In How I Met Your Mother, Ted is arguing with Lilly about whether he should pursue Robin. (I know, I’m on the first season, still). Lilly says that it’s a mistake, and Ted responds, saying that sometimes you need to make a mistake, even when you know it’s a mistake. And isn’t this true? You know that guy is just going to break your heart, but you go out with him anyway; you know that you shouldn’t have the second plate of wings, but they’re just so tasty; and you know that you shouldn’t sign a player whose production during the last year of a contract is far superior than his career averages, but we have to look like we’re doing something to make our team better.
That last clause can’t be right. I mean, in a relationship you’re guided by desire, heart and libido. While eating wings, you’re guided by your taste buds, which will let you down any chance they get. But a professional sports team? Worth millions and millions of dollars? They wouldn’t be so foolish as to be duped into signing someone based on one year of production and ignore a long career and statistical sample size. Yet, that’s exactly what so many of them do. The player who is setting up the opportunity for himself this year: Jose Reyes.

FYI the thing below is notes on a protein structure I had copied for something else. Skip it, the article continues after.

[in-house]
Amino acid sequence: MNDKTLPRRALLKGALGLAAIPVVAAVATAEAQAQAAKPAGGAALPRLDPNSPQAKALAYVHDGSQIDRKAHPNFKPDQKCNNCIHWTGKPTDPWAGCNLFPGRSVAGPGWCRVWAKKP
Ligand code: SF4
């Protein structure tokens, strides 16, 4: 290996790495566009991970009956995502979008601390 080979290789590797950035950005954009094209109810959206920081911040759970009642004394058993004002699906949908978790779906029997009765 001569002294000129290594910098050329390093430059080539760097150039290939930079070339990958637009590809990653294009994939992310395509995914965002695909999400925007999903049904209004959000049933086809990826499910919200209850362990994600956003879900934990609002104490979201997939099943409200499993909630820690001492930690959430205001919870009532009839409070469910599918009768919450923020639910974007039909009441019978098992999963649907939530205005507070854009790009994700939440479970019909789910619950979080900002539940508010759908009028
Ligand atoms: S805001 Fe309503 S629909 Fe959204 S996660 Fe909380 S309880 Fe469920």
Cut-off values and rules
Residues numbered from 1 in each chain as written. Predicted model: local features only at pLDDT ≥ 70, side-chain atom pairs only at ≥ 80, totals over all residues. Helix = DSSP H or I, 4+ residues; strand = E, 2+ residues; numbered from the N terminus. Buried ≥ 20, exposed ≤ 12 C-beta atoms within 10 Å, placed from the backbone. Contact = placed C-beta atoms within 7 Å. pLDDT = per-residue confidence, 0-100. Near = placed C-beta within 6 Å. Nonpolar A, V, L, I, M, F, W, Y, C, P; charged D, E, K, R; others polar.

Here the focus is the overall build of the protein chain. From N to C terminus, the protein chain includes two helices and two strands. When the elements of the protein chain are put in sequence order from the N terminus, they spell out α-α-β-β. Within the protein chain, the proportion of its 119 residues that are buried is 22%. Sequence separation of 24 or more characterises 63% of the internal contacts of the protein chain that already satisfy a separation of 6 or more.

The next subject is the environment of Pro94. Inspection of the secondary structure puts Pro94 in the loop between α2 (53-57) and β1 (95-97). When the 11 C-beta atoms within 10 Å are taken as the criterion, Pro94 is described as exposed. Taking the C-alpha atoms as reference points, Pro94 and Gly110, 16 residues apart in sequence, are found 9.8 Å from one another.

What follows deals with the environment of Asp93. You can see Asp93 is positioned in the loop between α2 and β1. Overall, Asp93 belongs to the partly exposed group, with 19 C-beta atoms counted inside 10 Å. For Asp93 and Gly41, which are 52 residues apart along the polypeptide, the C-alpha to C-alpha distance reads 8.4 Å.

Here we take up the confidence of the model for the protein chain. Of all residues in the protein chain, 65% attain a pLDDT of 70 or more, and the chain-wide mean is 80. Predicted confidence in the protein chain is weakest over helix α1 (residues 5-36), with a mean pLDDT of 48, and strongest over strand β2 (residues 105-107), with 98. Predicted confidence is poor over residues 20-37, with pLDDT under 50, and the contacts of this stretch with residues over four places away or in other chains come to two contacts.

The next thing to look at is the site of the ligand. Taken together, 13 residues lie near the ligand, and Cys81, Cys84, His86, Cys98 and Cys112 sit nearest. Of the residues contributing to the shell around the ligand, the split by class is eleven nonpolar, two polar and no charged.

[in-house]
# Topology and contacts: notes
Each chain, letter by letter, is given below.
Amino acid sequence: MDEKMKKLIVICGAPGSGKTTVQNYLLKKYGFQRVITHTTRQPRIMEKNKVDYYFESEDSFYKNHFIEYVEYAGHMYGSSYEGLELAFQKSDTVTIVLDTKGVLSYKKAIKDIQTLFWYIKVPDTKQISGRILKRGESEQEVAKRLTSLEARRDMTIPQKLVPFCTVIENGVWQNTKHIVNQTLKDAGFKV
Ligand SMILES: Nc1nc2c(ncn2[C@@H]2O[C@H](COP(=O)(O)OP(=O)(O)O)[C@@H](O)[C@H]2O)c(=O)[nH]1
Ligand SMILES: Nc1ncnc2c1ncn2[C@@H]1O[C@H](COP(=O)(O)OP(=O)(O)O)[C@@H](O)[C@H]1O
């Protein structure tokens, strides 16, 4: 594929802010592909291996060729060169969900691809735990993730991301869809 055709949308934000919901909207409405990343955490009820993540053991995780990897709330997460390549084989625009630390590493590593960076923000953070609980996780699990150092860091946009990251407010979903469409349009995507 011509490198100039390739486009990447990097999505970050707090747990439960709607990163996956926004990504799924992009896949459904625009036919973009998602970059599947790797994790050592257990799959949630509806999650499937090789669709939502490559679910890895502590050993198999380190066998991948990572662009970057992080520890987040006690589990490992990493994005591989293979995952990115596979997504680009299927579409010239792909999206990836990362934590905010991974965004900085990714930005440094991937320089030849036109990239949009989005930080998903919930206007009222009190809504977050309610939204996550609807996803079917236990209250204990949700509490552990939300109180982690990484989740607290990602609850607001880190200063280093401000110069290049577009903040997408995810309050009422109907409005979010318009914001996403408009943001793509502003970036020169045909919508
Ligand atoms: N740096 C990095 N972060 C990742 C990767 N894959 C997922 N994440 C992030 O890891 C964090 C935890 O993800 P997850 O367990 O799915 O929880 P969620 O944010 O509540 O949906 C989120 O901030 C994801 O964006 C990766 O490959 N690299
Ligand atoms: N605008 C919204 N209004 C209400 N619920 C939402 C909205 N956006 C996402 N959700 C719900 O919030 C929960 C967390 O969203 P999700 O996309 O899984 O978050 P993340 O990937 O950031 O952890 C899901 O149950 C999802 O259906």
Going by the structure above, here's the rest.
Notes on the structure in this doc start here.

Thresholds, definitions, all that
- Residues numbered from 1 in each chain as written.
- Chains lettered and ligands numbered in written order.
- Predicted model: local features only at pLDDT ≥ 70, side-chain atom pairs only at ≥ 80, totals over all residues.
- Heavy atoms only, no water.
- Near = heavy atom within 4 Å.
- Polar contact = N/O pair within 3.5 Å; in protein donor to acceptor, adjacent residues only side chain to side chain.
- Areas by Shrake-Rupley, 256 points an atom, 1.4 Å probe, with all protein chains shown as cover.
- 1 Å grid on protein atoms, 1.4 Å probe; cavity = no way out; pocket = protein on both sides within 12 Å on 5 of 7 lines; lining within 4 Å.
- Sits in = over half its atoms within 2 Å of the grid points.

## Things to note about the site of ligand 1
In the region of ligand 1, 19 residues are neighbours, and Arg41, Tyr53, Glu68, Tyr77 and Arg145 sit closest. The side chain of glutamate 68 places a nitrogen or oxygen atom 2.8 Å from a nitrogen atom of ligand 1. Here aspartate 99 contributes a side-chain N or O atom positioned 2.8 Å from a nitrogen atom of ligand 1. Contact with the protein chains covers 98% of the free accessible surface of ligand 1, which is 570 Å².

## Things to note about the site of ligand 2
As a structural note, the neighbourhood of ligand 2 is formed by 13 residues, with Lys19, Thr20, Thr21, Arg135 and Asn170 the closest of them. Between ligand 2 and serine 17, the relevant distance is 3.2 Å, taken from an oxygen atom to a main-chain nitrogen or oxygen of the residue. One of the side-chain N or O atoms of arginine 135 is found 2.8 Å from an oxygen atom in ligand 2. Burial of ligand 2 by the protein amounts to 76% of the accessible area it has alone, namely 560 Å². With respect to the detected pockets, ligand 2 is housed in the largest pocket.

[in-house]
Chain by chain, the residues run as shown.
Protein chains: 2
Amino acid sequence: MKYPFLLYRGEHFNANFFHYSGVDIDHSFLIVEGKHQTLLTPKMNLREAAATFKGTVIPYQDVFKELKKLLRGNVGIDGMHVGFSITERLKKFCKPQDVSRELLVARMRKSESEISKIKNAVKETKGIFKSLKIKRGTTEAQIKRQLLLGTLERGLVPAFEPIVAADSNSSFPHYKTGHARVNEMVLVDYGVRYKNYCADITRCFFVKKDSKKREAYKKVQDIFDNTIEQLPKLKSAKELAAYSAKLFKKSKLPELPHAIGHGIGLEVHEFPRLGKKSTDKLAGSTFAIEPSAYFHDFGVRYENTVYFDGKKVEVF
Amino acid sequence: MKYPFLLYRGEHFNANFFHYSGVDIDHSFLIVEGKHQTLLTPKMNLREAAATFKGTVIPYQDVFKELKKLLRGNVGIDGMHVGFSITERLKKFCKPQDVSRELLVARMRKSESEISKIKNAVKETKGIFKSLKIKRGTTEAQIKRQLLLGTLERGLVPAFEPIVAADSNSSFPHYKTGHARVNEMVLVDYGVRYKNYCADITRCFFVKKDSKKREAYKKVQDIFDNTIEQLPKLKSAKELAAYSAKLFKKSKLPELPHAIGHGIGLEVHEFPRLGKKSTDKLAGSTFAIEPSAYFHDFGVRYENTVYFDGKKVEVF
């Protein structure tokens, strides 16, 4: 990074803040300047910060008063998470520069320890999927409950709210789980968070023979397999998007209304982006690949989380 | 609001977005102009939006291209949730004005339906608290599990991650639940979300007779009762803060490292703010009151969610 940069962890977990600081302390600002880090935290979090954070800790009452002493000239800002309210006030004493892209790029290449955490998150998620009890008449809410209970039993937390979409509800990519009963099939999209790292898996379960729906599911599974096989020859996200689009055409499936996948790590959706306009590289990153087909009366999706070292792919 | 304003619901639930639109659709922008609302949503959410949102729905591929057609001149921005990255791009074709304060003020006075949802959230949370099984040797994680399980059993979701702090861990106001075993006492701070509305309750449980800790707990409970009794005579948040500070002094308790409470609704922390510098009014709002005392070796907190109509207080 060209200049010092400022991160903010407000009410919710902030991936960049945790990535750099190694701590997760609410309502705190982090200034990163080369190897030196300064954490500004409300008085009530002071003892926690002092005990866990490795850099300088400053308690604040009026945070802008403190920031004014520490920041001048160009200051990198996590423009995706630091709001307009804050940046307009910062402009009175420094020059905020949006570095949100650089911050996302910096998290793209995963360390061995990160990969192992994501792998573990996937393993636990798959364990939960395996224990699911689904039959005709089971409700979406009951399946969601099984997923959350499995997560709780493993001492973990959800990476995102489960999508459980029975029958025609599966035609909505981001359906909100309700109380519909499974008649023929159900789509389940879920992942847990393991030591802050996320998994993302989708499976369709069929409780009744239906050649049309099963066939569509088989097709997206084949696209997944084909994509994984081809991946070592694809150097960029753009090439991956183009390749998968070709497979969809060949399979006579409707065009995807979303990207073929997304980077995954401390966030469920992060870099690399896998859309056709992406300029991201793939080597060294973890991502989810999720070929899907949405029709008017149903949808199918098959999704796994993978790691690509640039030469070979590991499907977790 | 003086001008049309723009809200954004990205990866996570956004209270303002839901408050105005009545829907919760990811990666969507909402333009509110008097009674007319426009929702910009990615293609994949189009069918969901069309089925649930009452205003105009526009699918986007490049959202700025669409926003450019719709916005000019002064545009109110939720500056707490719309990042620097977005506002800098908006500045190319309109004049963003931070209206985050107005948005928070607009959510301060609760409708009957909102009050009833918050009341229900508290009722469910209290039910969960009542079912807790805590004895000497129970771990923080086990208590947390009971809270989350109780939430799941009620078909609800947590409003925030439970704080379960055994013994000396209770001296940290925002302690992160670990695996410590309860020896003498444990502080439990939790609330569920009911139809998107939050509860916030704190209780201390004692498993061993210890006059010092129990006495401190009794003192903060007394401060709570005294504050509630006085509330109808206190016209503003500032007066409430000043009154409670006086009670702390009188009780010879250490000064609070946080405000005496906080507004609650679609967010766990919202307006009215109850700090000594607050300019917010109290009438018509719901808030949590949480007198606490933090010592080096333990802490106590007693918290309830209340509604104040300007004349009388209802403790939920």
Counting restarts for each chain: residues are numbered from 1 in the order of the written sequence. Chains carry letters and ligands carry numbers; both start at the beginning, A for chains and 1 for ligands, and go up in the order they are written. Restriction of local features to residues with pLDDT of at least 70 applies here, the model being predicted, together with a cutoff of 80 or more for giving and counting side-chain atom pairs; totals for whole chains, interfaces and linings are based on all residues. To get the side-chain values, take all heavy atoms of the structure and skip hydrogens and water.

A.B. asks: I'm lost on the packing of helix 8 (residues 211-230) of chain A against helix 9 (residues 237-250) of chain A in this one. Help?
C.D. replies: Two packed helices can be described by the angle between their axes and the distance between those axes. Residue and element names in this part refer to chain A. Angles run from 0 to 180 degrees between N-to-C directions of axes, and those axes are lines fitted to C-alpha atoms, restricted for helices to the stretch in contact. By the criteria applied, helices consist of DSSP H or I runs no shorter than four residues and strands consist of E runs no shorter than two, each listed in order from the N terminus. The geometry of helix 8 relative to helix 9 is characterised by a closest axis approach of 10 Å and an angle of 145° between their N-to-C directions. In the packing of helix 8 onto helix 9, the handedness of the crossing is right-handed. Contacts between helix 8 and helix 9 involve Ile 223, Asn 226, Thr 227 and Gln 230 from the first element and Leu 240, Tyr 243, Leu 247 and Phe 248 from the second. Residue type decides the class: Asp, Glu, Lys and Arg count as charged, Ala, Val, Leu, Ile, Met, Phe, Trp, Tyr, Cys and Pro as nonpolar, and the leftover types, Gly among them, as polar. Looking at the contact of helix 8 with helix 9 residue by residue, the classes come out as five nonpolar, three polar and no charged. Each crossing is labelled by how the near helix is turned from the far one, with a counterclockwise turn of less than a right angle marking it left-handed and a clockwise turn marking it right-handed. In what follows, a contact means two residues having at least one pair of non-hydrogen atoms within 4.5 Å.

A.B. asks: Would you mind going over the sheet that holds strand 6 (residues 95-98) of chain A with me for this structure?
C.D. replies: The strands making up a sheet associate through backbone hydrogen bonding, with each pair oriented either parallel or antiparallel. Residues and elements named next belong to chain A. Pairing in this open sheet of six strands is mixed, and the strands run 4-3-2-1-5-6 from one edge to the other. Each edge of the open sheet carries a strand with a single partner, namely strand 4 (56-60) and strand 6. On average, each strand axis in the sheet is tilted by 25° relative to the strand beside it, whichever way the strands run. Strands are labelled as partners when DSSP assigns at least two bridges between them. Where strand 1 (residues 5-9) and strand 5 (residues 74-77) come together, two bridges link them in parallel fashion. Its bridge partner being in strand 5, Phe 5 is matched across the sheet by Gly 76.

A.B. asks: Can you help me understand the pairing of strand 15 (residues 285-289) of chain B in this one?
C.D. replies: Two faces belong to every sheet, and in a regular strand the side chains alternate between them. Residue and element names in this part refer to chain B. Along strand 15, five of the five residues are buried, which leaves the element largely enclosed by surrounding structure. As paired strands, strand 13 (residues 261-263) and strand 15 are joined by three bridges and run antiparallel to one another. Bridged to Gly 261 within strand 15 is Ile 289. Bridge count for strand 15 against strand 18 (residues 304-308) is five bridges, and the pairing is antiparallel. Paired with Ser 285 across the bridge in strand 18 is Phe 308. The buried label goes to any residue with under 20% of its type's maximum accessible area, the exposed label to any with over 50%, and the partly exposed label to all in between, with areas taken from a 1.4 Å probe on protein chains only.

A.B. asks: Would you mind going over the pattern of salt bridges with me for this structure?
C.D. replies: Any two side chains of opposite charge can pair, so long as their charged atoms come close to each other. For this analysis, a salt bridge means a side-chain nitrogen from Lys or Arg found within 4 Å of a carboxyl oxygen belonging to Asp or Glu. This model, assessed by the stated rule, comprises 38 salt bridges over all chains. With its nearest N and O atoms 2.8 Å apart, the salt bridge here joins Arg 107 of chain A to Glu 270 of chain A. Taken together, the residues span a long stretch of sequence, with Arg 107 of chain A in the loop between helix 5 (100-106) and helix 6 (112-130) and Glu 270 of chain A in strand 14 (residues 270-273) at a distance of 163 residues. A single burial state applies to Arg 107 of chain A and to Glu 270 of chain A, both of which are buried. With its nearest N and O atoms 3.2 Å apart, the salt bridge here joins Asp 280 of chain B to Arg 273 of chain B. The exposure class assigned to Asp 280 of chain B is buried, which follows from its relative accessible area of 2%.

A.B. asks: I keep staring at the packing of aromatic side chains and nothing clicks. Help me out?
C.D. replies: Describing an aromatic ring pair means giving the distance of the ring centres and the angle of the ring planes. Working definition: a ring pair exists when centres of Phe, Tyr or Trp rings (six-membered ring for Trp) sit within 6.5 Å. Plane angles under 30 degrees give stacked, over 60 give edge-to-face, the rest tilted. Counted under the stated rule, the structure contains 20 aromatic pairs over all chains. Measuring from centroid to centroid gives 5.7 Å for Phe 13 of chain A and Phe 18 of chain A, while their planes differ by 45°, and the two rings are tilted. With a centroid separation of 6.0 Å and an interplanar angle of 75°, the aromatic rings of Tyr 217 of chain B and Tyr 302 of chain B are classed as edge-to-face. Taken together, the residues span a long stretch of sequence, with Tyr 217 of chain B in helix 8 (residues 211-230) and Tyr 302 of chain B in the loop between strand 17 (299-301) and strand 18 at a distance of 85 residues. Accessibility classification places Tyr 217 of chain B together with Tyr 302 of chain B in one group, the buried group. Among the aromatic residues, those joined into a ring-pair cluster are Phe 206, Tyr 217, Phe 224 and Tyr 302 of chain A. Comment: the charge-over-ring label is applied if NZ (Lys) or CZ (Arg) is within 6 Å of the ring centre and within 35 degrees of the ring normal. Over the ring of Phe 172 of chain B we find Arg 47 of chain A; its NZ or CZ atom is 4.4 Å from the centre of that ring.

Reyes has had an excellent career: a plus hitter and great base stealing speed but an average (at best) defender at the short stop position. I’m not saying that he shouldn’t get a good contract. But he should get one that’s based on his career production, not based on one year of eight with the hope that he keeps up that intensity and production. I’m scared of players who play that much better when a contract is on the line. It shows their motivation, and I don’t want to give a long contract to someone who seems to be most motivated when their next pay day is on the line.
Despite this, he’ll be paid over a hundred million dollars and given six years. Teams are too afraid to lose fans because of apparent inaction; they panic and force their own hand, and then they hand out crippling contracts. The Red Sox did it two years ago with Lackey and this year with Crawford. The big problem is that there will consistently be teams that, like the Red Sox, will overpay for players and set the market high – it’s bad for baseball, and this is coming from a Red Sox fan. Continue Reading »